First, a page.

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Regression models for the analysis of well-being and income distribution

Wellbeing and income inequality are taking centre stage in policy-making and the measurement of national success. The interests of economists, social scientists, policymakers and others on the relations of well-being, income, demographics, health, education, religion and employment, have generated a vast global literature.

Some of the measurements of these variables are in a bounded range, such as the London ward where the well-being scores are a combined measure based on 12 different indicators. All scores have known bounded ranges between 0 and 1, and over 0 indicate a higher probability that the population, on average, will experience better well-being. Similarly, the Gini coefficient of income distribution is the most commonly-used measure of income inequality that condenses the entire income distribution for a country into a single number between 0 and 1: the higher the number, the greater the degree of income inequality.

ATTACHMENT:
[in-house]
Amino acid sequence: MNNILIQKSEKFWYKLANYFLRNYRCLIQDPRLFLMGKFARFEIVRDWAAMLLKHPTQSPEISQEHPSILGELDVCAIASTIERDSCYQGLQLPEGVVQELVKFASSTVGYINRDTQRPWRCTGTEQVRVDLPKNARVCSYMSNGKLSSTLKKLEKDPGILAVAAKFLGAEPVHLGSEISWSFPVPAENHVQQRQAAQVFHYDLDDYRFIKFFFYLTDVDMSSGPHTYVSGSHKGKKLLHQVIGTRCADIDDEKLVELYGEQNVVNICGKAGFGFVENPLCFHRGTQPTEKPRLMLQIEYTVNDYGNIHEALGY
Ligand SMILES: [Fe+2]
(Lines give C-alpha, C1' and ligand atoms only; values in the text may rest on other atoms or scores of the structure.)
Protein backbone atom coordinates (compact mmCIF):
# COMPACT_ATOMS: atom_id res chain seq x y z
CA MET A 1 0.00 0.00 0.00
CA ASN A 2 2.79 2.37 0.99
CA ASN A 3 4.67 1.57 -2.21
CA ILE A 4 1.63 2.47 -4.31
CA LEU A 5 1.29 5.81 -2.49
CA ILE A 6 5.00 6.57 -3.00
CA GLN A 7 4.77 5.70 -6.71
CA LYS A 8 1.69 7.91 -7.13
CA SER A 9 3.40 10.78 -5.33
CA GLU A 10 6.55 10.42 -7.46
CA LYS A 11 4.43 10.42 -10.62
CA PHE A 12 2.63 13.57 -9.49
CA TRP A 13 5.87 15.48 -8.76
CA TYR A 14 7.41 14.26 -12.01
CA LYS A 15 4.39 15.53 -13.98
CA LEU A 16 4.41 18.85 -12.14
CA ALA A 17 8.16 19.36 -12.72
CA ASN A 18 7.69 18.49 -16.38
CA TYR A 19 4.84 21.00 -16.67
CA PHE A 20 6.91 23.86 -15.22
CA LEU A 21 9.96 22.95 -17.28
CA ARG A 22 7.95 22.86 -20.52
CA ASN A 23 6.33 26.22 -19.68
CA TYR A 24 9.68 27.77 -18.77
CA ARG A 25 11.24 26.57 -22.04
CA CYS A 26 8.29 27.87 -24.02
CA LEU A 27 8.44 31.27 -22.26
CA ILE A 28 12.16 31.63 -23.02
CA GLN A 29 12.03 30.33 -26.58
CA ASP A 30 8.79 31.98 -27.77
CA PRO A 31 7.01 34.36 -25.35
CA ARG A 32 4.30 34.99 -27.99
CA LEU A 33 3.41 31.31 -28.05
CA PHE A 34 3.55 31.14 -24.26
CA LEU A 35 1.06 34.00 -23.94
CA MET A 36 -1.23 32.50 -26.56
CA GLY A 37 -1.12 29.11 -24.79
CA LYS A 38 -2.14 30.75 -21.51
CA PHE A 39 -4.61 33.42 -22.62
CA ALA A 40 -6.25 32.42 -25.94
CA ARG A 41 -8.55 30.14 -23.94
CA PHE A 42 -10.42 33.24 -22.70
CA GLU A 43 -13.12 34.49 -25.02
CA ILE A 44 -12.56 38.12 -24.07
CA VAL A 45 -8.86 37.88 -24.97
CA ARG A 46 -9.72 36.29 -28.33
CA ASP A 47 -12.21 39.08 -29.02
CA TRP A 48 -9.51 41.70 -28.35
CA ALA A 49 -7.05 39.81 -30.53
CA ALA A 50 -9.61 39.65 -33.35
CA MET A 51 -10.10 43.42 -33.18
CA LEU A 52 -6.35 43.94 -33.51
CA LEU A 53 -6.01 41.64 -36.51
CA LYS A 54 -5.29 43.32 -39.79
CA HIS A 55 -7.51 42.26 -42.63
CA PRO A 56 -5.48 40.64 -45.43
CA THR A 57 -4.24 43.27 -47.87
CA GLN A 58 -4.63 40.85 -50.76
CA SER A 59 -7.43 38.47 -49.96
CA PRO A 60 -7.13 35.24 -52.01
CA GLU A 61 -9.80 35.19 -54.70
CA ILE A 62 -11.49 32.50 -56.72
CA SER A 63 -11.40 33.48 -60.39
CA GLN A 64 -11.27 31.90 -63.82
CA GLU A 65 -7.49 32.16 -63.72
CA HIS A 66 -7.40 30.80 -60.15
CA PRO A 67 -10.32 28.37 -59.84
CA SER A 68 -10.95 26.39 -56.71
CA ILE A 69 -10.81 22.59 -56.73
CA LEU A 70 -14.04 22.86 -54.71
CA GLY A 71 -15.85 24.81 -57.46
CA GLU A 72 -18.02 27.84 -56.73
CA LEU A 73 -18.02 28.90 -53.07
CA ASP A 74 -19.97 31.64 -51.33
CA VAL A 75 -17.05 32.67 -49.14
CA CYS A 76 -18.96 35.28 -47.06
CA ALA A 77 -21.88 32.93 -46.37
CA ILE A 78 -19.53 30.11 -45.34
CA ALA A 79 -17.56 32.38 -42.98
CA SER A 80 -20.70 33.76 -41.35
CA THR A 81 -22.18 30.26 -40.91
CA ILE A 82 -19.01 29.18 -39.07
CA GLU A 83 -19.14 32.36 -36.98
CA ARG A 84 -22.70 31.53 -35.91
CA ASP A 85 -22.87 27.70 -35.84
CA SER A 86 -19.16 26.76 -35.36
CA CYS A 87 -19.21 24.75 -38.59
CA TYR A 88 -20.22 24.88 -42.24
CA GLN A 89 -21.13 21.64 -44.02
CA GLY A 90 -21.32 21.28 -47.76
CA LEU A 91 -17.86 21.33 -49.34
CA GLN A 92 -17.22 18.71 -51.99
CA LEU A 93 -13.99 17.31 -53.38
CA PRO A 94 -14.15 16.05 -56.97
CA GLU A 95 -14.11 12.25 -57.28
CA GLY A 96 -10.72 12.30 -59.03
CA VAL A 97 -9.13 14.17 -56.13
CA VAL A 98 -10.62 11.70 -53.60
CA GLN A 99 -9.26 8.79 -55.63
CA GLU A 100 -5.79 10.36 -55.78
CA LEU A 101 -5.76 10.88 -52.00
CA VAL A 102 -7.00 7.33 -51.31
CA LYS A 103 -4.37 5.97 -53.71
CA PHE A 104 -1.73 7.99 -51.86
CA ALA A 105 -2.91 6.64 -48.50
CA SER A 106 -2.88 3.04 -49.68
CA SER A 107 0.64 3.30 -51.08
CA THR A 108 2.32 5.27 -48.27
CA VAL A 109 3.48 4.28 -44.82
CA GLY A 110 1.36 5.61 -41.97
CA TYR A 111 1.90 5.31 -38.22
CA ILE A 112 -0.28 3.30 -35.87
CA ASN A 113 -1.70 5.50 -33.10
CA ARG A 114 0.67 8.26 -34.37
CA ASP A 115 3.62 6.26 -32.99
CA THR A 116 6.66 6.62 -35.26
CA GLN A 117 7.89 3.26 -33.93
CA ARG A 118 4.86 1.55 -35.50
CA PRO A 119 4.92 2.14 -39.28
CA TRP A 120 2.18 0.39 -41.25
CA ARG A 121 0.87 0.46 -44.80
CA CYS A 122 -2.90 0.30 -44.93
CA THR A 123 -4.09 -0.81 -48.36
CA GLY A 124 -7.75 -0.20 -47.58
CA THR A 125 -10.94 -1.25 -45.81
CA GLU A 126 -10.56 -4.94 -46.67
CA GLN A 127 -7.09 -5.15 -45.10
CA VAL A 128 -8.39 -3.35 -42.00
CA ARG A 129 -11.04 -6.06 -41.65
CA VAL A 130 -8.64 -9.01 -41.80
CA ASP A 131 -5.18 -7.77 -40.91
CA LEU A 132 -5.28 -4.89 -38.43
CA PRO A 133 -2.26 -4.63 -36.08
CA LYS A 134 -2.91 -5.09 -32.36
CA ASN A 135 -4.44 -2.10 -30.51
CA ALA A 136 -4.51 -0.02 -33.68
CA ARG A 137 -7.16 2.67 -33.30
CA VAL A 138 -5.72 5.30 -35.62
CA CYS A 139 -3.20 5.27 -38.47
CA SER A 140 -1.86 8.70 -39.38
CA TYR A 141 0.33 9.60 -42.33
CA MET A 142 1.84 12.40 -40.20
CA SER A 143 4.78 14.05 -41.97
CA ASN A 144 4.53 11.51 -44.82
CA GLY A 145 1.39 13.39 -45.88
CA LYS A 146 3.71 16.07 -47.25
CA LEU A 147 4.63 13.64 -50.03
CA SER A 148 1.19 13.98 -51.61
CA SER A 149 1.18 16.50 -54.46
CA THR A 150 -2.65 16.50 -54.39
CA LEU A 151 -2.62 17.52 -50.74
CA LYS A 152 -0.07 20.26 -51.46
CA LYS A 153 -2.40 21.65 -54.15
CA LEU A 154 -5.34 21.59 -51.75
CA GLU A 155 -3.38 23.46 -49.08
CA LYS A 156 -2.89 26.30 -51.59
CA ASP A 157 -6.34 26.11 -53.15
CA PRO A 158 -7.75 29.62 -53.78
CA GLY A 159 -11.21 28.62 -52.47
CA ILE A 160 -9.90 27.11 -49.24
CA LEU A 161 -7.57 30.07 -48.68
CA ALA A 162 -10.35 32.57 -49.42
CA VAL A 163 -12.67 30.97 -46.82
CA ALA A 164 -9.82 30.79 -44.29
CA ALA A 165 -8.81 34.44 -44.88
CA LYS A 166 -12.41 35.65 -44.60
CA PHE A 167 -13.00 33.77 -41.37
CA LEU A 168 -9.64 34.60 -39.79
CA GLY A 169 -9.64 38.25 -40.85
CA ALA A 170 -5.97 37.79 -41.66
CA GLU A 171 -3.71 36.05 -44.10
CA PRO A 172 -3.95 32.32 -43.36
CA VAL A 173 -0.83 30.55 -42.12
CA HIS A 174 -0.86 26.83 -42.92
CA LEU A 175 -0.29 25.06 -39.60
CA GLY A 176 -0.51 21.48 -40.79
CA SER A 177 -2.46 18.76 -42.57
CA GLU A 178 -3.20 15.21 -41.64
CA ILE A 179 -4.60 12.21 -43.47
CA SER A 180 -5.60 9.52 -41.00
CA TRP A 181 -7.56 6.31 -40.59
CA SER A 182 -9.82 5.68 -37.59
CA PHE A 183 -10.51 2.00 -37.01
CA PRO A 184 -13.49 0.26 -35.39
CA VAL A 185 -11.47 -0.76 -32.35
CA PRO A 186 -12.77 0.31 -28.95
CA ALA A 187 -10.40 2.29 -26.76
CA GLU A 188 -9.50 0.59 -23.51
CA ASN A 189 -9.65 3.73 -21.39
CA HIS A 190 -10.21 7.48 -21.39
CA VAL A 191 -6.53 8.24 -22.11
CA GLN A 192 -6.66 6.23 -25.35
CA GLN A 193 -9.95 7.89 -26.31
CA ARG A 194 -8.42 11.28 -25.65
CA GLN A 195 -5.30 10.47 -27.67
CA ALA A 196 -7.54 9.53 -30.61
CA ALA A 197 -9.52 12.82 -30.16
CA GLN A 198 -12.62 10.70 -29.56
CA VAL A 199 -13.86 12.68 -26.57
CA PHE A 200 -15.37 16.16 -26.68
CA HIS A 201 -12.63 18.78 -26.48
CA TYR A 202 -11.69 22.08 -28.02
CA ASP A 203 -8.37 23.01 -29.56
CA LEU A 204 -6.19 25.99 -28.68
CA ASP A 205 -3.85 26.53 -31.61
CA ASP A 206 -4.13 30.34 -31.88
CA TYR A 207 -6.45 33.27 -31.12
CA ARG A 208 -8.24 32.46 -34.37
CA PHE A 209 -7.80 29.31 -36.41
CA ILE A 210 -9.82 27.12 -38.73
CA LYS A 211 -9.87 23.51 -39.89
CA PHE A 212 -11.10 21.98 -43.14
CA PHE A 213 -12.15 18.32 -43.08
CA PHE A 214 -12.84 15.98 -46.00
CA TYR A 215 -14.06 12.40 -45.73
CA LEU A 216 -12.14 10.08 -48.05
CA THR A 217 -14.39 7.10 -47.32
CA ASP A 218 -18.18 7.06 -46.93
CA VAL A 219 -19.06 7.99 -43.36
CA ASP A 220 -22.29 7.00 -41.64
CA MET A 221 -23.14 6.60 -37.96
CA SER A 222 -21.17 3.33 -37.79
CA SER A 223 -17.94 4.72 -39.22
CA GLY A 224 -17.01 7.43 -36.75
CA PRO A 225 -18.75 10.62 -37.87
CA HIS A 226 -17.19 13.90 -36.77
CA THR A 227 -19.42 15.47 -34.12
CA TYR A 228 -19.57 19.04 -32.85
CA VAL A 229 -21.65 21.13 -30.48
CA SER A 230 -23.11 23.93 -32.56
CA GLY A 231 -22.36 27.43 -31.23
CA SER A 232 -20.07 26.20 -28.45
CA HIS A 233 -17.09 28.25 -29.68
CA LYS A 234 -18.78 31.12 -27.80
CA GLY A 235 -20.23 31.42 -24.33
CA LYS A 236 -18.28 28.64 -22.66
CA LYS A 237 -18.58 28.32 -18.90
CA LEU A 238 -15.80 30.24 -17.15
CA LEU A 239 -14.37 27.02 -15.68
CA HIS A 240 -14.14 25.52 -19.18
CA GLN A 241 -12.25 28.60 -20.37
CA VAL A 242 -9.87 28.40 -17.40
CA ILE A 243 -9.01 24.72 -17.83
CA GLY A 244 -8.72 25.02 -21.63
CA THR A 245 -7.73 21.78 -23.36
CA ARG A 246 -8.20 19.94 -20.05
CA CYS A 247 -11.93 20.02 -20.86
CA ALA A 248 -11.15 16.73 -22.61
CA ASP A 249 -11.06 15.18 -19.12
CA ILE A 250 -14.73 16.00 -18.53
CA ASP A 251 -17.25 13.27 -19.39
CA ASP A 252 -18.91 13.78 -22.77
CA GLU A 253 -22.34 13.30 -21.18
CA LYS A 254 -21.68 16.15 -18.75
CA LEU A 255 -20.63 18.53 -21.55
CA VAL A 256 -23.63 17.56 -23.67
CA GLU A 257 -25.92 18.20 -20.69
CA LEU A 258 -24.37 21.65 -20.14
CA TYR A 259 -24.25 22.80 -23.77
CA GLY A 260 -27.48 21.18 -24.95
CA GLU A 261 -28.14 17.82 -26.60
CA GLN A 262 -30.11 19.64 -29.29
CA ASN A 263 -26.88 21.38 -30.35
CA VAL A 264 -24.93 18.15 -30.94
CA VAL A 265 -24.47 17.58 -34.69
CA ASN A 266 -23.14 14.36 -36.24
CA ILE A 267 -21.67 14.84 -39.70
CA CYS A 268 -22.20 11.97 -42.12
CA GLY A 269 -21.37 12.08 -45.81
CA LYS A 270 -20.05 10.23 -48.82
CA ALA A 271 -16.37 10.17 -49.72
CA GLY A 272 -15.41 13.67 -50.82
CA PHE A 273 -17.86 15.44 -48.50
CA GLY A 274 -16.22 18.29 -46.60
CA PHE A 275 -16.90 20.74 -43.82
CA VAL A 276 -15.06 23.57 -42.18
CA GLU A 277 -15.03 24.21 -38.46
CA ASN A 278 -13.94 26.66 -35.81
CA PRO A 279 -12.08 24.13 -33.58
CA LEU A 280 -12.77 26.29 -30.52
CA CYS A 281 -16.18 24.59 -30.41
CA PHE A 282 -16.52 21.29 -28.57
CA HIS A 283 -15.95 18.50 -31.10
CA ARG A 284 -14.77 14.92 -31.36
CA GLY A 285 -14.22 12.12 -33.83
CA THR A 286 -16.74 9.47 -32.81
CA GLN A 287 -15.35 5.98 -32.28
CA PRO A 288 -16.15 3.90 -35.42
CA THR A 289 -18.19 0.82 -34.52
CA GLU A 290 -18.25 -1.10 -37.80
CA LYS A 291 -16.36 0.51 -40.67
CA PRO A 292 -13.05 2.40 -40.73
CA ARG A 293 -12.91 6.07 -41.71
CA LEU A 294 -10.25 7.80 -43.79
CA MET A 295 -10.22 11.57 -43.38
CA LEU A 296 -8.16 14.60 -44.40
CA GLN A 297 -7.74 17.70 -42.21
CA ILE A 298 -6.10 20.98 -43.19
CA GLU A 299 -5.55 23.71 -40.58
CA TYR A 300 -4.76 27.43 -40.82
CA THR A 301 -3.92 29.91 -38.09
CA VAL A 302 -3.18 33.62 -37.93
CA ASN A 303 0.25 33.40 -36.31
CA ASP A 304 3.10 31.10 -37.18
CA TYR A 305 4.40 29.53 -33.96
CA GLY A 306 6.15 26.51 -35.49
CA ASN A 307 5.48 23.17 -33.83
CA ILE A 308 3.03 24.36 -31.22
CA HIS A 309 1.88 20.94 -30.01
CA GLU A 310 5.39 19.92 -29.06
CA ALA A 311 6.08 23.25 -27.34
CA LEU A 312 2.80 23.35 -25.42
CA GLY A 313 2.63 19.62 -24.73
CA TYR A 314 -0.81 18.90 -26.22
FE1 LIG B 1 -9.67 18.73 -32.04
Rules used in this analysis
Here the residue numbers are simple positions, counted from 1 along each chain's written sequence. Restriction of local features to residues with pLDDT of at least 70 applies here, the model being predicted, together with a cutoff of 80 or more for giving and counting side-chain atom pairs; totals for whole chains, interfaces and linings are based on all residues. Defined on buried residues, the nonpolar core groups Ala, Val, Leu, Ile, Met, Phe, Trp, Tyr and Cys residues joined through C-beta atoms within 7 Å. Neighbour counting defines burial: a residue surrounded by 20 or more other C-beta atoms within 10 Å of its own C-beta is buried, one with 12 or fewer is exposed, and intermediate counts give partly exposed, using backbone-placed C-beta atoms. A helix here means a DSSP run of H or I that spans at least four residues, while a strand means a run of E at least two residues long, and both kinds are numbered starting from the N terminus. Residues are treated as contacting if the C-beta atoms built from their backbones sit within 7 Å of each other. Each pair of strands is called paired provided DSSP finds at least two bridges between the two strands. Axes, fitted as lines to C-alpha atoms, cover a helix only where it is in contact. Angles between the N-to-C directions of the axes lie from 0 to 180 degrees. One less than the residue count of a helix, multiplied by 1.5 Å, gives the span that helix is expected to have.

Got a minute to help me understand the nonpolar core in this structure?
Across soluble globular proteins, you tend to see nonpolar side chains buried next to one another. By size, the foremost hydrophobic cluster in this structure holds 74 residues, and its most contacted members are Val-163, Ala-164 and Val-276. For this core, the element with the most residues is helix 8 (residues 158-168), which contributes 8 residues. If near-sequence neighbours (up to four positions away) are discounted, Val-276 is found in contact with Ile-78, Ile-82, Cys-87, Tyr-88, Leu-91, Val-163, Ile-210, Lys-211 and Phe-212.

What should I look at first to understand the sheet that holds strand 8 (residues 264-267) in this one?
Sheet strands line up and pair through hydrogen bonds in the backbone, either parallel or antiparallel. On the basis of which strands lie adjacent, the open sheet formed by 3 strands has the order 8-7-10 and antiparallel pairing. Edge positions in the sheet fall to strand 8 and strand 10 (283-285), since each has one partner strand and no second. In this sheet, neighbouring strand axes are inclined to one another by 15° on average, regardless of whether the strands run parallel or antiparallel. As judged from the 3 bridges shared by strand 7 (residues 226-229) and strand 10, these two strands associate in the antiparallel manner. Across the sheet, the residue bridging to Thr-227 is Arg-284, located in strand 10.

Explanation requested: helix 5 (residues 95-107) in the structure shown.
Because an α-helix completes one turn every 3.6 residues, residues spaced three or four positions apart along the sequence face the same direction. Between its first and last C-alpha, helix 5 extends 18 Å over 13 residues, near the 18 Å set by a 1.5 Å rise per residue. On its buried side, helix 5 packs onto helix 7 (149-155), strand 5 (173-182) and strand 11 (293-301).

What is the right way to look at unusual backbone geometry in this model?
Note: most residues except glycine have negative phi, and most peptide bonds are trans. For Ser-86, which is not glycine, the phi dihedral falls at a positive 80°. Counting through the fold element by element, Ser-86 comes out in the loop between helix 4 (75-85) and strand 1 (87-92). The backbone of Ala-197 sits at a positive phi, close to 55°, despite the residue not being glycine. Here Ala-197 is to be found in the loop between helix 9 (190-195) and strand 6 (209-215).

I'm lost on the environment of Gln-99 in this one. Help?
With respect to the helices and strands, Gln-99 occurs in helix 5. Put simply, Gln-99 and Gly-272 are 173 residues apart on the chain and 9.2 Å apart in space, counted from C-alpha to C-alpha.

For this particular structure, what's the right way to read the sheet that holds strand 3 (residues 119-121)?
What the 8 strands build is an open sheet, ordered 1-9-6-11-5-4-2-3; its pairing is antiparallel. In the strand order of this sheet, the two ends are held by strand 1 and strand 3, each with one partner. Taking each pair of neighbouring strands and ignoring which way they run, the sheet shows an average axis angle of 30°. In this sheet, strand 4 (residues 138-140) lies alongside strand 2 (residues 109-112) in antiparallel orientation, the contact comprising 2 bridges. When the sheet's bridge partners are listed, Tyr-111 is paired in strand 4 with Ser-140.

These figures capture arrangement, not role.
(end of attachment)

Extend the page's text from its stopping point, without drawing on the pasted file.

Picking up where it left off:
Statistical analysis of this type of variables is very complex and requires a great level of care. By analysing the publicly available data, this project aims to develop new regression methods to model the relationships between well-being, income, demographics, education, religion, employment and so on, and therefore provides a useful tool for a clear description of the factors affecting wellbeing and income inequality. This is turn will help suggests concrete actions for policy-making and data collection.

This project answers some of the following questions:

  • Are Londoners or British people happy? Why?
  • Is there income mobility in London, England and even whole UK? And how?
  • Will we be “objectively” better off/happier after Brexit? Why?
  • How well-off are we as a developed country compared to other developed countries?

Meet the Principal Investigator(s) for the project

Related Research Group(s)

Statistics and Data Science

Statistics and Data Science - Strategic growth area of statistical methods and models for data science.

Project last modified 13/07/2021